Born naturally of a woman whom he knew as his mother, John grew up on the undeveloped “savage reservation” which is described as “a place which, owing to unfavorable climate or geological conditions, or poverty of natural resources, has not been worth the expense of civilizing” (Huxley 141). These areas, fenced off from the outside world, are populated mainly by aboriginal peoples who originally wished to remain separate from the new order and now live in squalor.  Such was John’s home.

During his youth, he was exposed to Shakespeare and embraced the philosophies he found there, quoting often from various plays.  Growing up, John witnessed aging and decay, disease and insanity, hunger and strife, and at first, he is enthralled and captivated by civilized and beautiful New World London—a place where the pains of life do not exist, and plenty overflows in the streets.  Yet, just as quickly, John sees through this new place and is immediately confused and disillusioned.  Entering a society where the traditions he values are considered obscene, John is horrified—but also something of a novelty.   Observed by the elite Alpha and Alpha Plus crowd of London who regard him with polite curiosity, they consider his strange ways and phrases entertaining but nonsensical—like the chattering of a chimpanzee at a zoo.

As John grapples with the temptation for the luxuries of London and against his breathless desire for beautiful Lelina who, because of her breeding and indoctrination is destined to fail him, his reverence for personal autonomy inevitably clashes with the New World government.  With Bernard Marx and Hemholtz Watson, he is arrested and brought to the office of Mustapha Mond—who has been watching John’s progress in London with interest. Huxley’s brilliant telling of the climactic confrontation between Mustapha Mond and John Savage speaks to three integral facets of human individuality—creativity, personal belief, and liberty.

John is shocked when Mustapha Mond quotes Caliban from Shakespeare’s The Tempest: “Sometimes a thousand twangling instruments will hum about my ears, and sometimes voices” (Huxley 192).  It is revealed that Mustapha Mond is well-versed in ancient literature, and owns several books including Shakespeare and the Bible.  Not only is Mond intelligent, well-read, and fluent in many esoteric topics, he was once a talented scientist.  Mond remarks of his own ambitions that “I was a pretty good physicist in my time.  Too good—good enough to realize that all our science is just a cookery book, with an orthodox theory of cooking that nobody’s allowed to question…except by special permission from the head cook.  I’m the head cook now.  But I was an inquisitive young scullion once…I was on the point of being sent to an island” (199).  Mond once valued and exercised independent thought and individuality almost to his own destruction, but when given the choice between real science on an island, or continued life within the New World society, Mond chose the latter.  His reasoning is simple: “our world is not the same as Othello’s world” (193).  Where human creativity in the New World is concerned, the rationality might be paralleled with the old adage that asks “If a tree falls in the forest, and no one hears it, did it make a sound?”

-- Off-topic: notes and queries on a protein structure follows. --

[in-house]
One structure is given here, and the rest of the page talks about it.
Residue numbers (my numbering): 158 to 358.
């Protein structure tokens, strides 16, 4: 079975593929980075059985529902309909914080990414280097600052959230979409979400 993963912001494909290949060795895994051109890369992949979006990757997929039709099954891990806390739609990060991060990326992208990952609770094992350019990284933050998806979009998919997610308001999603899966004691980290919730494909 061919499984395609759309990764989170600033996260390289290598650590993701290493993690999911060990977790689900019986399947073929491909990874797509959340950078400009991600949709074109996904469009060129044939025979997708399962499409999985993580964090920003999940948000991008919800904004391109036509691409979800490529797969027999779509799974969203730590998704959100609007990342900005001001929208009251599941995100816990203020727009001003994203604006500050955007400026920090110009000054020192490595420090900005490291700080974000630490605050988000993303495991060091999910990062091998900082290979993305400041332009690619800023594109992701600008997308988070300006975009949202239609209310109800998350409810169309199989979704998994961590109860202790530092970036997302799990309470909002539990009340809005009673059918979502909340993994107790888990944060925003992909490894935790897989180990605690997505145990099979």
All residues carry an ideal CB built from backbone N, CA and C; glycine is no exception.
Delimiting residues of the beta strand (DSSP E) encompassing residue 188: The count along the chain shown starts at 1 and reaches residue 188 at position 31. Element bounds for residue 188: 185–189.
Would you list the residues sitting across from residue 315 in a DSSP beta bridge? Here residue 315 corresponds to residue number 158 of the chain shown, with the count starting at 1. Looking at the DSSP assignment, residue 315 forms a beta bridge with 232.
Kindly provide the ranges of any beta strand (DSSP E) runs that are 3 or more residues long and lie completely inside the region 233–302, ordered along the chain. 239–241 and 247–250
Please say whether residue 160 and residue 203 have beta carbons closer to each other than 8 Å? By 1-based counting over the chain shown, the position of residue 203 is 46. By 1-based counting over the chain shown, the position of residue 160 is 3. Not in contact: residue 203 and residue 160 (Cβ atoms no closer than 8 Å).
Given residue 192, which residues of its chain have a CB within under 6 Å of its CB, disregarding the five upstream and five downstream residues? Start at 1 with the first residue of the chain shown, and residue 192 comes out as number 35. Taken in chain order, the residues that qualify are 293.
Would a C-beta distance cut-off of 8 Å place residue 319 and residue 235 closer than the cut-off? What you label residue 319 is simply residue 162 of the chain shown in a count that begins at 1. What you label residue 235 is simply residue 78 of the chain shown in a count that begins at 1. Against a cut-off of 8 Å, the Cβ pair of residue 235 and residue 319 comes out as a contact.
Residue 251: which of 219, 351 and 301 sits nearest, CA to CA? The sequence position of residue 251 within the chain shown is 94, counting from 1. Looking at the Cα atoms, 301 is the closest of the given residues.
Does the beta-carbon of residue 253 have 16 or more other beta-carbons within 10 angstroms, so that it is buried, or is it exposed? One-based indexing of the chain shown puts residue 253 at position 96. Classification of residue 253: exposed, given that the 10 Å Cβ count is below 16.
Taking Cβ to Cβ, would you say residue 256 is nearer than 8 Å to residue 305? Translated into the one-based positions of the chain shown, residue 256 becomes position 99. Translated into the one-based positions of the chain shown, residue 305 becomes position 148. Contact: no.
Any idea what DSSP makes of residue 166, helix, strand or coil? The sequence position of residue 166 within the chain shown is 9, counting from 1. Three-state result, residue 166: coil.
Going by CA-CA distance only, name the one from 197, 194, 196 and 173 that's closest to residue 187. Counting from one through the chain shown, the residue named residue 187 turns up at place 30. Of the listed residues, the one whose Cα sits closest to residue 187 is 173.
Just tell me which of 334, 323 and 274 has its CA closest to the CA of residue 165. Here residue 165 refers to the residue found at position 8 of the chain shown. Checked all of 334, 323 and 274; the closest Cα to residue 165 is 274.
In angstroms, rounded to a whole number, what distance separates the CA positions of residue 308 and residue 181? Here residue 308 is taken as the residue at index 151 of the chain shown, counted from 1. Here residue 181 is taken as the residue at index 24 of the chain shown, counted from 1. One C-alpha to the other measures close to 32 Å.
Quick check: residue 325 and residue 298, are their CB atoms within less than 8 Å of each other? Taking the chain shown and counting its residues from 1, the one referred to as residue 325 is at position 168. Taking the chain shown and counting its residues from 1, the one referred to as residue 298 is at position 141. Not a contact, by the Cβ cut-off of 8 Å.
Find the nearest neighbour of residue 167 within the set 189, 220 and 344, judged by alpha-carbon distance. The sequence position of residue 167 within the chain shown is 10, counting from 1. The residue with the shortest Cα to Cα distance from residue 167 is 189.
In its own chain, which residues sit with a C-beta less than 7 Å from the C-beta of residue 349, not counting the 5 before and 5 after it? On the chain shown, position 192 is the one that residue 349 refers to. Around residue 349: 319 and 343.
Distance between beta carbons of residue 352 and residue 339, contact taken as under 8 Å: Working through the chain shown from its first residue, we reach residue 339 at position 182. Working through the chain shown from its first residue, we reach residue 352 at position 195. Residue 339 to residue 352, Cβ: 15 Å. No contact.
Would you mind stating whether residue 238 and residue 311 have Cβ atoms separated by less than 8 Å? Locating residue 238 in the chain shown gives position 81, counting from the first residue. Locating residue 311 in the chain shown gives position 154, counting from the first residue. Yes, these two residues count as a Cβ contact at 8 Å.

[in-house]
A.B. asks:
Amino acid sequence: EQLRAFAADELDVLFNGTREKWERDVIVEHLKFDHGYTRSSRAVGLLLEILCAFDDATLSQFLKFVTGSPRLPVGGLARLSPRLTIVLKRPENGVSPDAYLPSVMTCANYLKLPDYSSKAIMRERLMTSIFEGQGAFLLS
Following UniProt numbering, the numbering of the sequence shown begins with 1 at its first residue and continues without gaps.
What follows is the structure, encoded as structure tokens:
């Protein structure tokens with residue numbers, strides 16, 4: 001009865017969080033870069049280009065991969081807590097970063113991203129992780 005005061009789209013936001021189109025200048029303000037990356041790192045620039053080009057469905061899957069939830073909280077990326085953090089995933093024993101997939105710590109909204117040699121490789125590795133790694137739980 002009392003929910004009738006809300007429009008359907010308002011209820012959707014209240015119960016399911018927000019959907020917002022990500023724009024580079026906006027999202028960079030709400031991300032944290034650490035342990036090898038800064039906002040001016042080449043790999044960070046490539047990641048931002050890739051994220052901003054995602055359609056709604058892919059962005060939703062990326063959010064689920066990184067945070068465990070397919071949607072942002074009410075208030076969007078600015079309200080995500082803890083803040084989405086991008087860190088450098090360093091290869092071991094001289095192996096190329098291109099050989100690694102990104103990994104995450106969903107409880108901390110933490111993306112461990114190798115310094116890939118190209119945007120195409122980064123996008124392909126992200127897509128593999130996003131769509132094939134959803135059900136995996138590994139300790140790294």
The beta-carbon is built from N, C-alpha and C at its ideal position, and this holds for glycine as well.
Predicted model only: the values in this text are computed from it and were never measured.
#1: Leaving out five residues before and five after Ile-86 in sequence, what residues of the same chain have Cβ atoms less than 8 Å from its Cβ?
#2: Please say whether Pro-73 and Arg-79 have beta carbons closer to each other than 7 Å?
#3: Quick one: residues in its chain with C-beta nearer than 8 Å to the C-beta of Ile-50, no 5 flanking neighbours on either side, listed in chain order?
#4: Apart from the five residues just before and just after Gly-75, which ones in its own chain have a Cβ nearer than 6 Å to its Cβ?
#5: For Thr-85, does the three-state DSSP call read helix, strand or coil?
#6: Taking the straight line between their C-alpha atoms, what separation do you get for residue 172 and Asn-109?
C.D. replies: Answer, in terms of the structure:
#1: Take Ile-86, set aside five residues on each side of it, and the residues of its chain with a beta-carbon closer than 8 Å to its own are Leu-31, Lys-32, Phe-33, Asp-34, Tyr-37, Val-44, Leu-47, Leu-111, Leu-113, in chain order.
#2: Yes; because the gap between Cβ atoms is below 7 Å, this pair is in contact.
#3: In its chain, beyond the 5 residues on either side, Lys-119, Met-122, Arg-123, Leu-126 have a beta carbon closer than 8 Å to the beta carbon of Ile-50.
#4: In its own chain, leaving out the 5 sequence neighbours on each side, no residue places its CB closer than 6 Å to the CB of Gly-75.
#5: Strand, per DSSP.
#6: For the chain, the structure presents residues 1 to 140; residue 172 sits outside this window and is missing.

As a sound is only discernable to a person if he or she hears it, knowledge is only knowledge if it is known.  In addition, the knowledge only has value to one who wants or needs it.  Otherwise, it is preposterous, even foolish.  Hemholtz Watson, upon reading Romeo and Juliet, laughs at the silliness of the romantic element in the play.  It has no value to him because it makes no connection with his world view.  As Mustapha Mond explains to John Savage, the New World is just that—new.  The past is so completely eradicated that the human being has become something equally as new.  Mond says “you can’t make tragedies without social instability.  The world’s stable now. People are happy; they get what they want, and they never want what they can’t get” (193).  Therefore, all human creativity that is bred from inspiration, patience, soul-searching, and inner turmoil is meaningless in a society that has thrown off the need for insight, dedication to individual endeavors, and the desire to character-build through emotional growth.  As Mond remarks, “One can’t have something for nothing.  Happiness has got to be paid for” (201).  The citizens of the New World are fully integrated into their hyperreal bubble and want nothing else because all that is ‘else’ has no significance to their social conditioning.  The rare person who deviates from social expectations and norms is considered strange and suspect—not just by the government—but also by the average citizen.  Individuals simply do not fit in.